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An O’Malley grandson brings his baseball family values to Visalia

Reporting from Visalia, Calif. -- The stadium is full, the players are limbering up on the unblemished grass and sausages are sizzling on the grill, sending an irresistible invitation into the springtime air. But Walter O’Malley’s grandson hardly notices. On this Friday night, he has an 80-year-old tempest to contend with, and her name is Irene Burtlow.

“Tom Seidler,” Burtlow says, pointing a finger at his chest. “I have a bone to pick with you. I am not happy, not happy at all …"

For decades at minor league baseball games in Visalia, members of the home team’s booster club have passed a cap around the grandstand at Recreation Park, which fans fill with coins and dollar bills. At the end of the game the cash has gone to Visalia’s best performers, often smooth-cheeked teens with still-fresh memories of the high school prom.

But now Seidler, the 43-year-old owner of the Rawhide, the town’s entry-level professional team in the single-A California League, wants a change. The money, he tells Burtlow, ought to be distributed to everybody on the team. It would build better spirit, he says, and help more players — especially those who can barely pay their bills. After all, few of these players get big signing bonuses from the Arizona Diamondbacks, their parent club in the National League.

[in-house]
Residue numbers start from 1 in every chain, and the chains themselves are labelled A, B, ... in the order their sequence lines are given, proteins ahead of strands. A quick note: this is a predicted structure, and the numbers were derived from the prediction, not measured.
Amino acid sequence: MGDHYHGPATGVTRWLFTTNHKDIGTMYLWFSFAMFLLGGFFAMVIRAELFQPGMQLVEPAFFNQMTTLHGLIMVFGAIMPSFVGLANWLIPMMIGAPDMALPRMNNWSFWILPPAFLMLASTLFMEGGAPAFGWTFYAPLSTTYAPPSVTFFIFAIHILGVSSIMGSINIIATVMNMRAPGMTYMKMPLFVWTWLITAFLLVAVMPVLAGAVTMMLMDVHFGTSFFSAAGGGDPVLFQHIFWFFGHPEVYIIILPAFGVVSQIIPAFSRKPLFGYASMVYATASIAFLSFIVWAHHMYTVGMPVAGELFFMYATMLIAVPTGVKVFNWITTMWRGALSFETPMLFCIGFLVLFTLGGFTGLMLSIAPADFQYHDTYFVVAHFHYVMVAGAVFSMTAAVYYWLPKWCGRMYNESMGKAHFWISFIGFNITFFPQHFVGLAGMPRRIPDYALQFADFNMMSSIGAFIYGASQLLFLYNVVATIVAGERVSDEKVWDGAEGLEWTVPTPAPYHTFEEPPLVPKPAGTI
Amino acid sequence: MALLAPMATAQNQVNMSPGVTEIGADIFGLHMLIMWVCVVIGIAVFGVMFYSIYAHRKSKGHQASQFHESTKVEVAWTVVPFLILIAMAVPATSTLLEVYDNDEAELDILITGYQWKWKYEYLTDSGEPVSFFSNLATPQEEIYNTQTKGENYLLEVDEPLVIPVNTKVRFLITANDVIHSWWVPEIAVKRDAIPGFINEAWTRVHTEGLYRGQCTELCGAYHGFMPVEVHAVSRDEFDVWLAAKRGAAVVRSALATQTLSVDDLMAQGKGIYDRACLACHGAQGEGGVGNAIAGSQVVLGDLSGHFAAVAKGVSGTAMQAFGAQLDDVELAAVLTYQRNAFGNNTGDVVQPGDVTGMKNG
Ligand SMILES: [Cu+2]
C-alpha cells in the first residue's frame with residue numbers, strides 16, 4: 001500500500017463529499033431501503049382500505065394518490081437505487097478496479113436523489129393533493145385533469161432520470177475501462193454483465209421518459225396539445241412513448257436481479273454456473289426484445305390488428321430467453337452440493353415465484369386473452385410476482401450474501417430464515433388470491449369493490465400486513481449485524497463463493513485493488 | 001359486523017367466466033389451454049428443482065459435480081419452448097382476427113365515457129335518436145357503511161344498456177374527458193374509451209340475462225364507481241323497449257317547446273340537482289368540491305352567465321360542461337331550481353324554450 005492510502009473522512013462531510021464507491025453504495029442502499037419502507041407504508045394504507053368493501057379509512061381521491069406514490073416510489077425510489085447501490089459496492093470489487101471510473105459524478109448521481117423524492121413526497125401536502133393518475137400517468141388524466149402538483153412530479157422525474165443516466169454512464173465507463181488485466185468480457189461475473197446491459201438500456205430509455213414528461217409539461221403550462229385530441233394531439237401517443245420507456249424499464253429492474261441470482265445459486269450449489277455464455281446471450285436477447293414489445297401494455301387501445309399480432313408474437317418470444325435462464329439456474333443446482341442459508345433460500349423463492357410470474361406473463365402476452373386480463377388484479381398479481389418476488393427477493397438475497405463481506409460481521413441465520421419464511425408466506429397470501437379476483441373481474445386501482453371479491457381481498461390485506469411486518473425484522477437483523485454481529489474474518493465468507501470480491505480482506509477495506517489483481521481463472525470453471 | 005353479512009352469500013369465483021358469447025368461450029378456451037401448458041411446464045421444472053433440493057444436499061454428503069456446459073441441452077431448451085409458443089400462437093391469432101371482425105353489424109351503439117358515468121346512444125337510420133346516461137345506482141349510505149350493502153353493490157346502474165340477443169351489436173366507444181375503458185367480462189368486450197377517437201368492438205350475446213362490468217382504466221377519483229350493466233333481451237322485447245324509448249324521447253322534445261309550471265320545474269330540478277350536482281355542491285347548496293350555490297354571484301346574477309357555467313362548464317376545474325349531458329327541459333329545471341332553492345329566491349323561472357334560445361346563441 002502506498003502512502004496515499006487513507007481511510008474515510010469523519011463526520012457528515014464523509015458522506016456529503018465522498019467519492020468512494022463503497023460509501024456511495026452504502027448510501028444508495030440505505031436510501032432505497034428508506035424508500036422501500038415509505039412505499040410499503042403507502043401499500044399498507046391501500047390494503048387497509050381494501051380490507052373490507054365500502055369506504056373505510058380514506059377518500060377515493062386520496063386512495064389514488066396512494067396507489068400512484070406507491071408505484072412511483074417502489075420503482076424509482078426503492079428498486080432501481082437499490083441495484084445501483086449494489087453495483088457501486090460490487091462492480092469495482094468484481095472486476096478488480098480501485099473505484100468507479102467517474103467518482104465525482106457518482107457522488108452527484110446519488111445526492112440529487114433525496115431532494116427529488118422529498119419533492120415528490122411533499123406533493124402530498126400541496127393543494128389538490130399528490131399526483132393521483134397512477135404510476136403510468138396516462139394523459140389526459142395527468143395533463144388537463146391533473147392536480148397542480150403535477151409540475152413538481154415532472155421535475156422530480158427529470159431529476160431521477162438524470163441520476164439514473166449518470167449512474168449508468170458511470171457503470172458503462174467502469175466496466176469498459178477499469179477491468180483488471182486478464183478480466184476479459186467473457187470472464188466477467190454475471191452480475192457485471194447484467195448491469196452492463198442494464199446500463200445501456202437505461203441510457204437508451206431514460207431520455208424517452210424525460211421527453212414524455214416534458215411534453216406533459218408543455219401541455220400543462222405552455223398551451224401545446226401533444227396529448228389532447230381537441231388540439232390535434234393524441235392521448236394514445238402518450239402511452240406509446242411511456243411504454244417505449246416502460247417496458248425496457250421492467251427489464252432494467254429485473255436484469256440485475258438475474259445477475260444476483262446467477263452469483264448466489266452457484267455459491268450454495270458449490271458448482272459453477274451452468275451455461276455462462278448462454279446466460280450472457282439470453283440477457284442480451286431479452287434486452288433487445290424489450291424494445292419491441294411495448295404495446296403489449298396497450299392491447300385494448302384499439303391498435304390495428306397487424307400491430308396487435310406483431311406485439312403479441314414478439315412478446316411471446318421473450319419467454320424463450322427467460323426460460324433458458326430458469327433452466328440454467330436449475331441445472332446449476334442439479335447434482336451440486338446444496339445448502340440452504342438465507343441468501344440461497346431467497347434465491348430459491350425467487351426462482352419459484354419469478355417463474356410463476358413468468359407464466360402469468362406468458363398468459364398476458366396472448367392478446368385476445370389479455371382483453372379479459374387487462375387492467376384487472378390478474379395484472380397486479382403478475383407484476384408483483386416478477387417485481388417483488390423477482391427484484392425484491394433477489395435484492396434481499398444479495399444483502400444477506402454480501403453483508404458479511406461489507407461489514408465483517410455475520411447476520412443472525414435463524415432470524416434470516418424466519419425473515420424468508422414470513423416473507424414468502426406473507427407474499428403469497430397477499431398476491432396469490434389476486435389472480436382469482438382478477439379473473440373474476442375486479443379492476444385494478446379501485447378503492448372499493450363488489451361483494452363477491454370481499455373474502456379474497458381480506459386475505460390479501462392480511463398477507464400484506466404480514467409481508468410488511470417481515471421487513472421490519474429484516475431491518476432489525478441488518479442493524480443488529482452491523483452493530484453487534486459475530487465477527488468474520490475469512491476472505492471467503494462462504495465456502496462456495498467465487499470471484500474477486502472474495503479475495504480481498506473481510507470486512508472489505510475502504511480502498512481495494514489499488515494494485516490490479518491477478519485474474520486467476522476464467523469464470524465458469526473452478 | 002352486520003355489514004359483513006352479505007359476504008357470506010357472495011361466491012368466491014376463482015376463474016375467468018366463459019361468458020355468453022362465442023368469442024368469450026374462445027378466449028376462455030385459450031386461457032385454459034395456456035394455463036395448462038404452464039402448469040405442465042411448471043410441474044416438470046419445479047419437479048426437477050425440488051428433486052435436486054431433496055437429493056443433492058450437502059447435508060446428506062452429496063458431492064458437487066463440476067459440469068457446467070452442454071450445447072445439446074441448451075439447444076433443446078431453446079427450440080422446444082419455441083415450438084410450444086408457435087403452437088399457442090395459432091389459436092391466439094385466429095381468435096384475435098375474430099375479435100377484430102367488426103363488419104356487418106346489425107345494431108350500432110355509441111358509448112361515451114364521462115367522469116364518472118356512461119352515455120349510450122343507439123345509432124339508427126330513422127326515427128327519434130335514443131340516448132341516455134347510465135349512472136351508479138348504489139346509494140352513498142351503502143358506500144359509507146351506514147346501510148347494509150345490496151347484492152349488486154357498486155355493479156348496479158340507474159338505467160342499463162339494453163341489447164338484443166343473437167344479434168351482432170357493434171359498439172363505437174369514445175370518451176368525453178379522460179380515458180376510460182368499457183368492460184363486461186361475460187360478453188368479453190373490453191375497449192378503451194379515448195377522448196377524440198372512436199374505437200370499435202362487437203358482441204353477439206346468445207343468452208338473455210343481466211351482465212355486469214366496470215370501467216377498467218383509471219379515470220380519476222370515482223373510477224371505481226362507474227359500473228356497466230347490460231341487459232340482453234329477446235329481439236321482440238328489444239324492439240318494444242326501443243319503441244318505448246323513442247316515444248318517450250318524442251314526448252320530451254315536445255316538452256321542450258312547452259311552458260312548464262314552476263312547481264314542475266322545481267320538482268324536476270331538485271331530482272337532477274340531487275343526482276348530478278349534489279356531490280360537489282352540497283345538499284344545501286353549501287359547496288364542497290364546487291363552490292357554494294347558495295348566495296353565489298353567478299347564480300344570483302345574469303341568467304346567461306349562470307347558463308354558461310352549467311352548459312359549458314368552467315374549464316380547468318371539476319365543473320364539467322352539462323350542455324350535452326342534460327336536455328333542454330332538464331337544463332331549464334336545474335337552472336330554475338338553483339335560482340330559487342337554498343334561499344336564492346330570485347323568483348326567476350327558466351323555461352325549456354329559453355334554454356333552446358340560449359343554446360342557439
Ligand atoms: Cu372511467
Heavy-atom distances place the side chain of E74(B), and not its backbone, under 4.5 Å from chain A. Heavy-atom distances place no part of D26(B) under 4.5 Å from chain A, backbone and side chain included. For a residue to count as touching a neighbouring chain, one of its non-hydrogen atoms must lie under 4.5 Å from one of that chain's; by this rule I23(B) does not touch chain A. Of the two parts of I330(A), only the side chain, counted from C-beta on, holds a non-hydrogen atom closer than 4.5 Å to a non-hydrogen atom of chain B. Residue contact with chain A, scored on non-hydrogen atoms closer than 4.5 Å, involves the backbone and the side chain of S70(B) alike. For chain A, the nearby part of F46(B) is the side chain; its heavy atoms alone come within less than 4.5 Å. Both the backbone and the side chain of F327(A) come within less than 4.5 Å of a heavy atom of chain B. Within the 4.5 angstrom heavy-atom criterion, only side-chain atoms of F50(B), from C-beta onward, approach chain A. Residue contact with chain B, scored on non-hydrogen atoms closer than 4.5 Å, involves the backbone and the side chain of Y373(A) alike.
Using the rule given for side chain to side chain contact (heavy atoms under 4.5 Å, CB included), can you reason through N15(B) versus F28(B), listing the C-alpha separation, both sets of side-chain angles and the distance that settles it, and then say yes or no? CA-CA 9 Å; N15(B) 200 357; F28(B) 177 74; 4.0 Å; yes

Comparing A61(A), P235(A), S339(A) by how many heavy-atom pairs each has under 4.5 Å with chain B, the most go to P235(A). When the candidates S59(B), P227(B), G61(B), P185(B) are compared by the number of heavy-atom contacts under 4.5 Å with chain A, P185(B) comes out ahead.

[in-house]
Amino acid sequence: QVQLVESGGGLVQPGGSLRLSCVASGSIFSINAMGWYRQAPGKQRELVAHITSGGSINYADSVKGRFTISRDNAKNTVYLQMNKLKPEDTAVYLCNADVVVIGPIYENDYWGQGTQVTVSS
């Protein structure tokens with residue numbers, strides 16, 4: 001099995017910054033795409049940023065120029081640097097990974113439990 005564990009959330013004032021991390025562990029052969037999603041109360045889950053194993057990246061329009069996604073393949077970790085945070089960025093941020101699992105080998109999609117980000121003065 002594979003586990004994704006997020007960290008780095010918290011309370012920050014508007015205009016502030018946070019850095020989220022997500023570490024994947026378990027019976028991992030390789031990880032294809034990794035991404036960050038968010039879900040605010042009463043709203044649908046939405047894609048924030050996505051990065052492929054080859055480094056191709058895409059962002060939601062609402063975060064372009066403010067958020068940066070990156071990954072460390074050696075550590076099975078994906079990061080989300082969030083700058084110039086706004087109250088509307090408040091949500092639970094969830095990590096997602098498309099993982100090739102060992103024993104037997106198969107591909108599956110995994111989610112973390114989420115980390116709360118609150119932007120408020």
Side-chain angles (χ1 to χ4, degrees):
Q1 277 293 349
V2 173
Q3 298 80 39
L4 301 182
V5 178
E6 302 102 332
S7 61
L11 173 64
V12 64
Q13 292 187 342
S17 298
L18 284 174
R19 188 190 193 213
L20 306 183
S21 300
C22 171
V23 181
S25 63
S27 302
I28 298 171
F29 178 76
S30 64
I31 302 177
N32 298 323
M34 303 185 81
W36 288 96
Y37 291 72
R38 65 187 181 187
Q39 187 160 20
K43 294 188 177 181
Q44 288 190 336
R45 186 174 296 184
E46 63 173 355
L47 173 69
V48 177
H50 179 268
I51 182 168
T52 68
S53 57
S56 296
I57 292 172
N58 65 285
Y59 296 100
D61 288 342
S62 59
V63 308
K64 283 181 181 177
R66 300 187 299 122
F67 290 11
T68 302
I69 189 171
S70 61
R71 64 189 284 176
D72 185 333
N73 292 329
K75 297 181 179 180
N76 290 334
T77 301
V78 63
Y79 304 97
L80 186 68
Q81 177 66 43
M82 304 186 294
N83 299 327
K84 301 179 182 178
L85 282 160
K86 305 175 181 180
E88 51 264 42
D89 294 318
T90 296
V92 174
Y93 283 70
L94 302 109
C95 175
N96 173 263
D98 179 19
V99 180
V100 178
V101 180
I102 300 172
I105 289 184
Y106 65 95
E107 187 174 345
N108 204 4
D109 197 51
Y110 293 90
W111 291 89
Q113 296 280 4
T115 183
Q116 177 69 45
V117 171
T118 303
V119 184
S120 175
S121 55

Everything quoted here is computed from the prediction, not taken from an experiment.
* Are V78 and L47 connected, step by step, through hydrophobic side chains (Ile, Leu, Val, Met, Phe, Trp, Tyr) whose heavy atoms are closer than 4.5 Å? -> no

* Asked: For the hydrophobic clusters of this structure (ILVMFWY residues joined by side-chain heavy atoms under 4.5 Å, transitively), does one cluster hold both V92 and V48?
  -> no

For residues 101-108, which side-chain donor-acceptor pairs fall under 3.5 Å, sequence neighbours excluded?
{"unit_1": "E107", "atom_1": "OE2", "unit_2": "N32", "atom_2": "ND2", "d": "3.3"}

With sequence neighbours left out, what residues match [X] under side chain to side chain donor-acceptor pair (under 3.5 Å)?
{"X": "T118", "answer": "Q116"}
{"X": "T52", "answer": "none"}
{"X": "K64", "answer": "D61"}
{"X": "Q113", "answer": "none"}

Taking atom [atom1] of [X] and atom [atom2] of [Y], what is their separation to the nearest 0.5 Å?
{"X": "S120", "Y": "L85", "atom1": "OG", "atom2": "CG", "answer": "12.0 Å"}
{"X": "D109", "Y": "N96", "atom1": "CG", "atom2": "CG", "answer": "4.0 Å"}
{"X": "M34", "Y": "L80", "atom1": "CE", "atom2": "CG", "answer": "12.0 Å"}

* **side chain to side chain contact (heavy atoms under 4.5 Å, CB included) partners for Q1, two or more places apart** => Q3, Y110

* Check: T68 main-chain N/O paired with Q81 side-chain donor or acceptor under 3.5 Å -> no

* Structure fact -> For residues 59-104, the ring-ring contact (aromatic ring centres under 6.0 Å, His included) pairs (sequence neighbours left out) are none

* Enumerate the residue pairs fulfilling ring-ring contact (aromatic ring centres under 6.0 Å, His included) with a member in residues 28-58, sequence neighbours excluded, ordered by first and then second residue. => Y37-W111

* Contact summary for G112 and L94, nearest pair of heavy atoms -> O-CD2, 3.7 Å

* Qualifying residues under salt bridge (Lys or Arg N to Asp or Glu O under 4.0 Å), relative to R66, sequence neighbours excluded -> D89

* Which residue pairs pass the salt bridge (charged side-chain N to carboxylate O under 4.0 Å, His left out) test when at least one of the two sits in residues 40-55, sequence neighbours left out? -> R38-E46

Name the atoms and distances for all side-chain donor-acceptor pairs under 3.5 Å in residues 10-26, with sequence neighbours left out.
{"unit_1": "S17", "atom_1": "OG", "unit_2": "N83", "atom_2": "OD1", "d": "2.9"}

For 15 minutes, Burtlow argues that tradition shouldn’t change. Seidler listens calmly, then finally assures her he will come up with a compromise. Burtlow softens, and he wraps an arm around her shoulders.

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As Seidler turns away, he says he loves this part of his job. “The hospitality part. Being with fans, hearing their views, their complaints. I guess you could say it’s in my DNA.”

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Seidler hails from baseball royalty. He is a grandson of Walter O’Malley, the patriarch of a family from an era that now seems sacred in Los Angeles, especially as the city broods over the current sorry state of its Dodgers.

O’Malley bought the Brooklyn Dodgers in 1950 and — amid great controversy — moved them west, creating an enduring bond between city and team.

When he died in 1979, O’Malley bequeathed the Dodgers to his two grown children. One was Peter O’Malley, who ran the club until the family sold it in 1998, citing the family’s failure to get city backing for an NFL stadium at Chavez Ravine. The other was Seidler’s mother, Terry, who helped her brother guide the team behind the scenes.